Mutation detection using genomic DNA was performed by PCR with specific primers for the human NBS1 gene, followed by automated DNA sequence analysis of the entire open reading frame of both DNA strands. No mutations or polymorphisms were observed in theNBS1 gene of our index patient.
In western blotting experiments, all NBS1mutations in NBS patients are predicted to result in truncation of the protein product nibrin.4 For this reason, western blotting was used to assess the quantity and quality of nibrin expressed in lymphoblasts from the patient (fig 2). A normal level of correctly sized nibrin was detected, consistent with the results of the molecular genetic studies.
NBS belongs to the family of DNA repair disorders. Other members are Bloom syndrome (BS) and ataxia telangiectasia (AT). All of these disorders show chromosomal instability, immunodeficiency, and predisposition to cancer, but are genetically heterogeneous, involved in different pathways of DNA repair. The gene forNBS1 has been identified on chromosome 8q21, the gene for BS (BLM) on chromosome 15, and the gene for AT (ATM) on chromosome 11.3-6 Apparently, different proteins encoded by different genes play a role in cell cycle control. Although identification of the genes has been very helpful, the specific pathophysiological mechanisms have still to be elucidated.
The patient described here fulfils the criteria for NBS, namely microcephaly, growth retardation, immunodeficiency (although very mild), typical chromosome 7 and 14 aberrations, andx ray hypersensitivity (table 1). His face with receding mandible and epicanthic folds is in keeping with the typical appearance, which usually becomes more obvious with age. At the molecular and protein level, however, the patient shows completely normal results and thus does not fit into the NBS spectrum as described previously. This strongly suggests the presence of another gene, a NBS-like gene. Another family with the NBS phenotype, but without linkage to chromosome 8 has been described by Cerosalettiet al 6 (table 1). The proband had microcephaly, growth retardation, unusual facial features, mild radial cataracts, and diffuse, abnormal skin pigmentation. Deafness was not mentioned. Immunoglobulin levels and B and T cells were normal as in our patient. In NBS nearly all patients have disturbances of serum immunoglobulins and T cell subpopulations.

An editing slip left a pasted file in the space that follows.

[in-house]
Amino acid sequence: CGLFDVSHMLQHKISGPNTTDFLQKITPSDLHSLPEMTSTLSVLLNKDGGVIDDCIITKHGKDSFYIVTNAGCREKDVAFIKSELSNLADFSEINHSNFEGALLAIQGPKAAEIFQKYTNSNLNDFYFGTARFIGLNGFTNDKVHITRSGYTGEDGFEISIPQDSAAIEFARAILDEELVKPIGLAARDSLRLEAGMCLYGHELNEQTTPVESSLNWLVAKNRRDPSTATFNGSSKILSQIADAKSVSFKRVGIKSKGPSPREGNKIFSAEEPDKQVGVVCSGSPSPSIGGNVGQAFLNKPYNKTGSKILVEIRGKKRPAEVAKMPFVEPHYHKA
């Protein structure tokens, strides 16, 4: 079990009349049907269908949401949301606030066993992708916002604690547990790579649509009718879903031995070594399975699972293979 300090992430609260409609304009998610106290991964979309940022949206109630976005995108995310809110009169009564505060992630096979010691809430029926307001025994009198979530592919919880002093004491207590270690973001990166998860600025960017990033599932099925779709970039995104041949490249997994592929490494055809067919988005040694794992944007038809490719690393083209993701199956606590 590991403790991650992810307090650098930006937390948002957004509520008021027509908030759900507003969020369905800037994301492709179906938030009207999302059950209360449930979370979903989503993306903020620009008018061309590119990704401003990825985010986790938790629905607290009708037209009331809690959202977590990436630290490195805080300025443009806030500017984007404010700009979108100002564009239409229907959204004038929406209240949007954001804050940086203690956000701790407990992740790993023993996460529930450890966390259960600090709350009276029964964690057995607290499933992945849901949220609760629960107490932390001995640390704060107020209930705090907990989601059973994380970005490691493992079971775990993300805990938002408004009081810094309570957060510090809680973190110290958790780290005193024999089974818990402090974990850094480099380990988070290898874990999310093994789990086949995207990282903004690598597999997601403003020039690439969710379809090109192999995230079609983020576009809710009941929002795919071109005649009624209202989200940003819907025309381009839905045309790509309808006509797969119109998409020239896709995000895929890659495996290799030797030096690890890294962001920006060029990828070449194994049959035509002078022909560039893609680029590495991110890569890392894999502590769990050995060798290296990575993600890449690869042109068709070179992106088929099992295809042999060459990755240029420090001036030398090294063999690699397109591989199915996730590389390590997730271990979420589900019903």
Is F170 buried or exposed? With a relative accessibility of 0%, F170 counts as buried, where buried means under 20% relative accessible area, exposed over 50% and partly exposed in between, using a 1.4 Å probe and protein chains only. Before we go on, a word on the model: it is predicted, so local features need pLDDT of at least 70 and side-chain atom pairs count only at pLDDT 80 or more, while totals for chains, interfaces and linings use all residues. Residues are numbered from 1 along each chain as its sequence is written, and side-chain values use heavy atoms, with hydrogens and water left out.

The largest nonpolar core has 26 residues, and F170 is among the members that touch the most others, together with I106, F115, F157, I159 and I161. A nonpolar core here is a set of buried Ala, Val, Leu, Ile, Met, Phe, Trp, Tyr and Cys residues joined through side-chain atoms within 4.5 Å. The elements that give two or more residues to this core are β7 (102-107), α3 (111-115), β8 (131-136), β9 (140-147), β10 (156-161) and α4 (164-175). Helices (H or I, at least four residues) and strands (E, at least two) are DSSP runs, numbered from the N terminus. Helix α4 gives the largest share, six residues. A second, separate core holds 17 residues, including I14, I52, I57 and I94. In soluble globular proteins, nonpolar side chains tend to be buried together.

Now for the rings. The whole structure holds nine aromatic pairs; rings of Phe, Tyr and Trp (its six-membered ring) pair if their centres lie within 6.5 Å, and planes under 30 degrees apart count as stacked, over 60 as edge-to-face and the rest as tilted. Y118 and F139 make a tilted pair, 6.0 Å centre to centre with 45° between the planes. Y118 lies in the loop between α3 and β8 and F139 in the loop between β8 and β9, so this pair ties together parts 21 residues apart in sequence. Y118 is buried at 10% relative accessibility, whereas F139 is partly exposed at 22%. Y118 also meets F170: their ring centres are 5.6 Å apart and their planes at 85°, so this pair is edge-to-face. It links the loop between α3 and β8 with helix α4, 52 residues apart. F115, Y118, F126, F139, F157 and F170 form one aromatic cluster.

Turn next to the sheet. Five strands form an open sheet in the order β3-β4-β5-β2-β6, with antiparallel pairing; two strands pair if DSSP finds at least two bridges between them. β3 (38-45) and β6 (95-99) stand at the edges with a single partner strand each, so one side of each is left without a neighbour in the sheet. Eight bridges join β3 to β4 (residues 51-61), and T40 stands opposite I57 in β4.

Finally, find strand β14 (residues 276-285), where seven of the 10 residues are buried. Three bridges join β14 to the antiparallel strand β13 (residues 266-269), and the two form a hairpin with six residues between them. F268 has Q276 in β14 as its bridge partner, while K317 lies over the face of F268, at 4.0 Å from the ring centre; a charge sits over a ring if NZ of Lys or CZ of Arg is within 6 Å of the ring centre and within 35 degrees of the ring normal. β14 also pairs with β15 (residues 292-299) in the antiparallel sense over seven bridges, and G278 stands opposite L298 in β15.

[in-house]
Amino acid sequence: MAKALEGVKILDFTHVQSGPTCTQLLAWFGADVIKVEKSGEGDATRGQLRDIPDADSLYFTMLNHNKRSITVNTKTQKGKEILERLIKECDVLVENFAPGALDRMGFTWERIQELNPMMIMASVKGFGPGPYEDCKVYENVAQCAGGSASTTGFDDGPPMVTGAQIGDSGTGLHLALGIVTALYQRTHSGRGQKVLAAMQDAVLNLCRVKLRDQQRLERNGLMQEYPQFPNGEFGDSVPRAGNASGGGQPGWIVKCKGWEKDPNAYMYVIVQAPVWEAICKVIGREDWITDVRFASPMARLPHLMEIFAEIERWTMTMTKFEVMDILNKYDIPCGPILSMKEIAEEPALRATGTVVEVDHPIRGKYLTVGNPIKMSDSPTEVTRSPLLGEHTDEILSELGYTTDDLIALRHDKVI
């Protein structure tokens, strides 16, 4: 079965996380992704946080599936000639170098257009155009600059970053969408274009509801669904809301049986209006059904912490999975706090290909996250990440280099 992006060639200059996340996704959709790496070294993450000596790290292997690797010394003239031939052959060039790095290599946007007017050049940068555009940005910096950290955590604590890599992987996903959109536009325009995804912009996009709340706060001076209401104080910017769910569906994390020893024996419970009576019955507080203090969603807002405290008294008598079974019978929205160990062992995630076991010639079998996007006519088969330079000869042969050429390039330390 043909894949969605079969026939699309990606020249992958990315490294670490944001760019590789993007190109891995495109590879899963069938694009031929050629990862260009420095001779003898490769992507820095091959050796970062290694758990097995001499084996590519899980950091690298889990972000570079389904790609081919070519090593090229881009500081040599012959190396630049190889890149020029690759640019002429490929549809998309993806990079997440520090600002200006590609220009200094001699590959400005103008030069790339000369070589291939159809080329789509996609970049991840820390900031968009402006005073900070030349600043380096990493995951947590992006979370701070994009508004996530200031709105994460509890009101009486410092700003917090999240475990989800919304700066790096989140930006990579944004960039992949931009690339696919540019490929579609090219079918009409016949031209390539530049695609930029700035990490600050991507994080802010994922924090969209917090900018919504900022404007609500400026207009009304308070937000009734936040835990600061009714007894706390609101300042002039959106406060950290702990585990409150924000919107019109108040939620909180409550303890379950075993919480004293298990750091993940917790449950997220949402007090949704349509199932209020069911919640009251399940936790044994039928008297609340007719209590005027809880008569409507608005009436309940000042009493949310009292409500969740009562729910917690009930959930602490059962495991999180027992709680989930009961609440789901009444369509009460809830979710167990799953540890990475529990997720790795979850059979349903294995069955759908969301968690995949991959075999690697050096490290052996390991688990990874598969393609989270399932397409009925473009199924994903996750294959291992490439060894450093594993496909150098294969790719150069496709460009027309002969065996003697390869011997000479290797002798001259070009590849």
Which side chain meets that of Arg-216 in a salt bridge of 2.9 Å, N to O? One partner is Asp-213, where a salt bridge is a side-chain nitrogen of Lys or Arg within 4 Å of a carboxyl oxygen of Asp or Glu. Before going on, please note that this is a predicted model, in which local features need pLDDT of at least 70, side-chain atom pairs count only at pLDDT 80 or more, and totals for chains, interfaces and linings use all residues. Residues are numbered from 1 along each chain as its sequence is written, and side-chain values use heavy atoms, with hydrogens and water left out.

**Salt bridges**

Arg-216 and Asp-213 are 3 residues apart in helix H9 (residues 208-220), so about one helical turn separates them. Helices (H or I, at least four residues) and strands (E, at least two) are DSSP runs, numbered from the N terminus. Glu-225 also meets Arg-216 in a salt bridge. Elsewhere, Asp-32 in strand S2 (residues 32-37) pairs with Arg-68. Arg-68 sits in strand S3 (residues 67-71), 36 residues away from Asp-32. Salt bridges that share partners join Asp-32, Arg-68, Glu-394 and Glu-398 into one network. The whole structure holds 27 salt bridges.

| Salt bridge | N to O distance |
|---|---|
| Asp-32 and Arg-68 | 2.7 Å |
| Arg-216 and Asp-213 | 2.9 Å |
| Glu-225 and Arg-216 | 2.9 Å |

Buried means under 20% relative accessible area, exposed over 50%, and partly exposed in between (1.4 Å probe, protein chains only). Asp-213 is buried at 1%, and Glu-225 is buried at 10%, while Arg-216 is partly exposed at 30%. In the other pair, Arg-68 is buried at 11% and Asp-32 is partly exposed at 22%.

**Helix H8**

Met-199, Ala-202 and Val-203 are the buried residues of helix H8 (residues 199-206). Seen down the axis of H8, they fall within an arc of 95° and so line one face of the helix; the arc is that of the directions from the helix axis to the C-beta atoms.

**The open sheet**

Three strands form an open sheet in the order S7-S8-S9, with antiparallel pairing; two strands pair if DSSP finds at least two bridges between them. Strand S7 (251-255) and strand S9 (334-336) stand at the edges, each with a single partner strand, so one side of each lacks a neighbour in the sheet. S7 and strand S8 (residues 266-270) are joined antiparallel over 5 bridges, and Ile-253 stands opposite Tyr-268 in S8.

Hearing loss is seen in many syndromes with microcephaly, but until now it has not been reported in NBS.7 Many congenital disorders have been found in some, but not all patients of the group with the Slavic mutation.7 The finding of hearing loss may be coincidental. However, specific congenital anomalies such as hearing loss in our patient and cataract in the patient of Cerosalettiet al 6 may be symptoms of other NBS disorders. Identification of the gene involved (NBS2) will be an important step forward in unravelling these questions.